AUSTIN, Texas — Honeybees usually take winters off. But when it’s 50 degrees and sunny, the bees are flying – and dying faster.

Beekeeper Blake Shook raises bees commercially in the Collin County town of Blue Ridge. The 27-year-old has been beekeeping since he was 13. He’s seen firsthand the decline in the insects’ health since 2006, when the great bee die-off from Colony Collapse Disorder was first reported.

“It’s hard to get the crops pollinated in the United States, and that’s getting worse and worse,” Shook said. “Unfortunately, I don’t think most folks will pay attention until we start running out of food. As soon as we can’t get almonds anymore, that’s when they’ll start noticing.”

Every year, billions of bees are sent to almond farms in California to pollinate the trees. Without them, almond production would take a nosedive.

The U.S. bee industry lost 44 percent of its bees from 2015 to 2016 and 40 percent the year before that. This year, there were reports from south-central Texas of honeybees waking up early in January, when temperatures rose higher than usual, according to Agrilife Today, a Texas A&M agriculture publication. Whenever bees look for food and can’t find any, they end up eating stored honey and wear their bodies out faster.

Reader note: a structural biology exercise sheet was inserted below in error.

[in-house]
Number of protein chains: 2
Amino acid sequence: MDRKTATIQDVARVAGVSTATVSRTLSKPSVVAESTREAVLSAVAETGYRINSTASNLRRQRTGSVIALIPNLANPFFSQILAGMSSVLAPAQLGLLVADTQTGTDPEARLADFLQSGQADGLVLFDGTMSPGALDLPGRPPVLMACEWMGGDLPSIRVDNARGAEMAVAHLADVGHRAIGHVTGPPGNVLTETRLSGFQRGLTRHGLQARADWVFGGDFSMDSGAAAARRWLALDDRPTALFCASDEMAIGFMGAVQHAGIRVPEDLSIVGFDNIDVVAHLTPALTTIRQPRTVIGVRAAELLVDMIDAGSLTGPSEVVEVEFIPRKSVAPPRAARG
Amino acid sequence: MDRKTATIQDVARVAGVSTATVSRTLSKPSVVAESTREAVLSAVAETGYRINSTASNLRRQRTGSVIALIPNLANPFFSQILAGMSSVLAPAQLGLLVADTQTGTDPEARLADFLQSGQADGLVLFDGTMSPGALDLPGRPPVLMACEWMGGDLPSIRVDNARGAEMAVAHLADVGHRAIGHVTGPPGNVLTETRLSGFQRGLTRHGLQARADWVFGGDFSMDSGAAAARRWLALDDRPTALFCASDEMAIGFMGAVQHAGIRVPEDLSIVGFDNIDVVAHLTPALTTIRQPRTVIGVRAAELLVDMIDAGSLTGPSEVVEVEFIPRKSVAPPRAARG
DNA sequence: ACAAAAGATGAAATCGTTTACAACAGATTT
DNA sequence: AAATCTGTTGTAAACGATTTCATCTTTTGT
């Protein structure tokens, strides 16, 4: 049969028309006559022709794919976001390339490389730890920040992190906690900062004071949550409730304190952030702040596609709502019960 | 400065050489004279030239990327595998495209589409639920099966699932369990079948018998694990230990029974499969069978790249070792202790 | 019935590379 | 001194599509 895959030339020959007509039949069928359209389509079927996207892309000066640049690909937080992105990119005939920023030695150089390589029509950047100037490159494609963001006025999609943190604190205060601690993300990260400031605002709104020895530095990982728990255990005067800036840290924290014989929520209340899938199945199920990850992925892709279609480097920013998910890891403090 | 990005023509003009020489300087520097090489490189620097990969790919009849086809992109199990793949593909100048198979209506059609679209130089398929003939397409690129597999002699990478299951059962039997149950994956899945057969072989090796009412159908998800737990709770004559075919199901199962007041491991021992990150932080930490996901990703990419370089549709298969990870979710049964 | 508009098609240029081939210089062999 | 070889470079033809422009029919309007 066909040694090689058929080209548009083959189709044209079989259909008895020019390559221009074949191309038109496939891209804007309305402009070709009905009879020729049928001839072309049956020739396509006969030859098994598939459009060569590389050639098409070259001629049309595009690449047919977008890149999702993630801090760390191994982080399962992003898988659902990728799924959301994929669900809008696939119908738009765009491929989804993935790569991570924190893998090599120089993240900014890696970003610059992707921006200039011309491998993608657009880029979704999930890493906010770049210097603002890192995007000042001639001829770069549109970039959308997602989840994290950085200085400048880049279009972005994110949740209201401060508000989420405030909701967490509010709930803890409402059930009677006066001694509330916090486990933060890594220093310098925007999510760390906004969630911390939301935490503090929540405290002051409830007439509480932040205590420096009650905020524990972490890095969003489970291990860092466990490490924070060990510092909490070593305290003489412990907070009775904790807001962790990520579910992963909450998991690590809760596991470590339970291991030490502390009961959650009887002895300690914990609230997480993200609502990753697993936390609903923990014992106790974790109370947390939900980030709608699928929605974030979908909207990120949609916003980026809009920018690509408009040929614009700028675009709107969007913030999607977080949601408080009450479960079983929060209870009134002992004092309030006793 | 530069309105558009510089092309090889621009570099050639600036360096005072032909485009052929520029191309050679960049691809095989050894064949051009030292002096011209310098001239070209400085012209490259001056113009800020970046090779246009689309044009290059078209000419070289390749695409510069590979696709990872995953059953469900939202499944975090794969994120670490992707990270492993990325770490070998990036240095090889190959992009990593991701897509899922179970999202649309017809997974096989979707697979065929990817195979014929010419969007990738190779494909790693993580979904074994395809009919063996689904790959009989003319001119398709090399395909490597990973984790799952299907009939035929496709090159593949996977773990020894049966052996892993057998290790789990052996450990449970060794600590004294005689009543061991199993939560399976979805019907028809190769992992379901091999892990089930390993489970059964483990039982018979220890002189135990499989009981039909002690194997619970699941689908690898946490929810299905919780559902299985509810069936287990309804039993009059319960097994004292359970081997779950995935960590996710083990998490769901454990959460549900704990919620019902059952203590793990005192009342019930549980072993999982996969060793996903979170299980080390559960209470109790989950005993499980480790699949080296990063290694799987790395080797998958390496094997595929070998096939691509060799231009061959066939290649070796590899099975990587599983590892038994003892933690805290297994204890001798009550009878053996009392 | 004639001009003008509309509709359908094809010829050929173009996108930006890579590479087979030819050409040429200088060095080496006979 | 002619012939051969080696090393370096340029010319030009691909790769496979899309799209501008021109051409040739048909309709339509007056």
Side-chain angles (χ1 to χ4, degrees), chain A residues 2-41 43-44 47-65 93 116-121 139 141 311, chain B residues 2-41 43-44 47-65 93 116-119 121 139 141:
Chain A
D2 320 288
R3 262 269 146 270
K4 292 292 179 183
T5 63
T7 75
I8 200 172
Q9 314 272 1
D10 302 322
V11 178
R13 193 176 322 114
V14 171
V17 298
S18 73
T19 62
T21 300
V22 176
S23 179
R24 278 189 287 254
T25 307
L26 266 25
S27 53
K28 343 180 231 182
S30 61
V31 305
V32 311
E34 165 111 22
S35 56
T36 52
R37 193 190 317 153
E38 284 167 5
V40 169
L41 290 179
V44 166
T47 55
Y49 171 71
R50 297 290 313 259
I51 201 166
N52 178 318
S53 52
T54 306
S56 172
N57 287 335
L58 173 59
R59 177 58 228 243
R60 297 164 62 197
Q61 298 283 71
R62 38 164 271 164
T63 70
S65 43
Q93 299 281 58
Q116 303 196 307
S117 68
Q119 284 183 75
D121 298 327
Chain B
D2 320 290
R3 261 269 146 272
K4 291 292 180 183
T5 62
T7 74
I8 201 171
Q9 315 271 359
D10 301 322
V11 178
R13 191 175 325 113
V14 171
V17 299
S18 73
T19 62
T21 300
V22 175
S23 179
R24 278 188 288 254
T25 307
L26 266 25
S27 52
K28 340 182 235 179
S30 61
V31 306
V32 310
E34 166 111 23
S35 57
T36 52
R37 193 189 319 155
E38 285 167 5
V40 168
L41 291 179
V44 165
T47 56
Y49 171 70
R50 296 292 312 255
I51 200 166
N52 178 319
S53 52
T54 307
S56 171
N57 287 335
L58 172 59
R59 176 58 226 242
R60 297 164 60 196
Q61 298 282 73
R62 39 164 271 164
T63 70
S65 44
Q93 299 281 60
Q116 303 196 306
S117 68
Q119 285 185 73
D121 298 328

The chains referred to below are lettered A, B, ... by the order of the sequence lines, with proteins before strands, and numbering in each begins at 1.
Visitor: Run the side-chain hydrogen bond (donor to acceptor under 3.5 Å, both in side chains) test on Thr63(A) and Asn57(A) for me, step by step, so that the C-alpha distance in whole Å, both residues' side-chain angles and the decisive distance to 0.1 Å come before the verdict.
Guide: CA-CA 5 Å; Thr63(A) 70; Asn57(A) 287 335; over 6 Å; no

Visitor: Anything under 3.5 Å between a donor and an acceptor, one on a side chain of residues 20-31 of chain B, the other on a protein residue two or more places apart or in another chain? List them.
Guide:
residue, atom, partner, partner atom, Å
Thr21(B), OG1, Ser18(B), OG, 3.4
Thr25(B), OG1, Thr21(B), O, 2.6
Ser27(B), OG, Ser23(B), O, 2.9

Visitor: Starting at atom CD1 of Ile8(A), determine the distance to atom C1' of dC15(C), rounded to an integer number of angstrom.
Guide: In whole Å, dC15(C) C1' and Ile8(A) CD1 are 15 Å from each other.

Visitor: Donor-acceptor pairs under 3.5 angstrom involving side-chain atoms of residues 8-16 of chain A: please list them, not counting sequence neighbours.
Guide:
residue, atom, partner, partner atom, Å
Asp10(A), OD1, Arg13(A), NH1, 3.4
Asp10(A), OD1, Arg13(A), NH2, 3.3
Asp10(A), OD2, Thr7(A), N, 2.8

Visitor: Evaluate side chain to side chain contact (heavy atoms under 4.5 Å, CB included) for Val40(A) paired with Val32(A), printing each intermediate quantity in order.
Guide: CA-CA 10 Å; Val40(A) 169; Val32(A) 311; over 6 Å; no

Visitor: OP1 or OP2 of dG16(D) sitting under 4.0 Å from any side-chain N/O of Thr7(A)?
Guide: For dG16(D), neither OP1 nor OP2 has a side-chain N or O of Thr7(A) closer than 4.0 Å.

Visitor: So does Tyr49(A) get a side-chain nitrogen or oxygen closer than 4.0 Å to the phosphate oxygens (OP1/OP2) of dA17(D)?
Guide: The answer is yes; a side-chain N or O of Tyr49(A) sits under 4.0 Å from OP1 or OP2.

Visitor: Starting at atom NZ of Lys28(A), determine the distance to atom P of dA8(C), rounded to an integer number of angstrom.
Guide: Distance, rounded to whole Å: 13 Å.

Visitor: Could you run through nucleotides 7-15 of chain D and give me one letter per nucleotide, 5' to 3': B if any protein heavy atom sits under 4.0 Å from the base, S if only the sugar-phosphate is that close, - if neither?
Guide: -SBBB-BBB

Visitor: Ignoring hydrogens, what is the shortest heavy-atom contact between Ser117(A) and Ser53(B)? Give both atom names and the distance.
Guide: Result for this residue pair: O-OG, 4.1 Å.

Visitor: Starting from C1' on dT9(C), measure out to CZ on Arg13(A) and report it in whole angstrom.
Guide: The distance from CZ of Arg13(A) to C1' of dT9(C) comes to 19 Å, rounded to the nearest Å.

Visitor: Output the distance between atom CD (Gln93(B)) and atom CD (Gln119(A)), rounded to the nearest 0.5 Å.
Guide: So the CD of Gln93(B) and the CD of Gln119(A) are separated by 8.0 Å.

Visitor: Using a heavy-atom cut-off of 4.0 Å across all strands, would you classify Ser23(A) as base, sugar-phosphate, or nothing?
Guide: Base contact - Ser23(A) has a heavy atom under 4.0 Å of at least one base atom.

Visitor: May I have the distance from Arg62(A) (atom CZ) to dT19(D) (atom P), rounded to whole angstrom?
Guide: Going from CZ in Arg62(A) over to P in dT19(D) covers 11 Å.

“We certainly are not having any cold weather to speak of,” Shook said. “In the D-FW area, it’s shaping up to be a warm winter that isn’t good for the bees.”

While beekeepers have developed methods to restore the numbers lost during the winter, it’s not a perfect system. At the current industry rate, bees will not reproduce at a fast enough rate to keep up with demand, Shook said.

So the Texas Beekeepers Association plans to urge lawmakers to protect major nectar sources for bees so the bees can thrive. Shook, a board member, said the group has other ideas in the works, such as trying to get a honeybee license plate to fund research and lobbying during the 2019 legislative session to update the bees and honey chapter of the Agricultural Code.

Texas takes a relatively hands-off approach with the beekeeping industry. The bees and honey chapter in the Agricultural Code hasn’t been updated since the 1990s. The most recent legislative action regarding honeybees came in 2015, when the Texas Legislature exempted small honey producers from needing a “honey house” for inspection and a state license to operate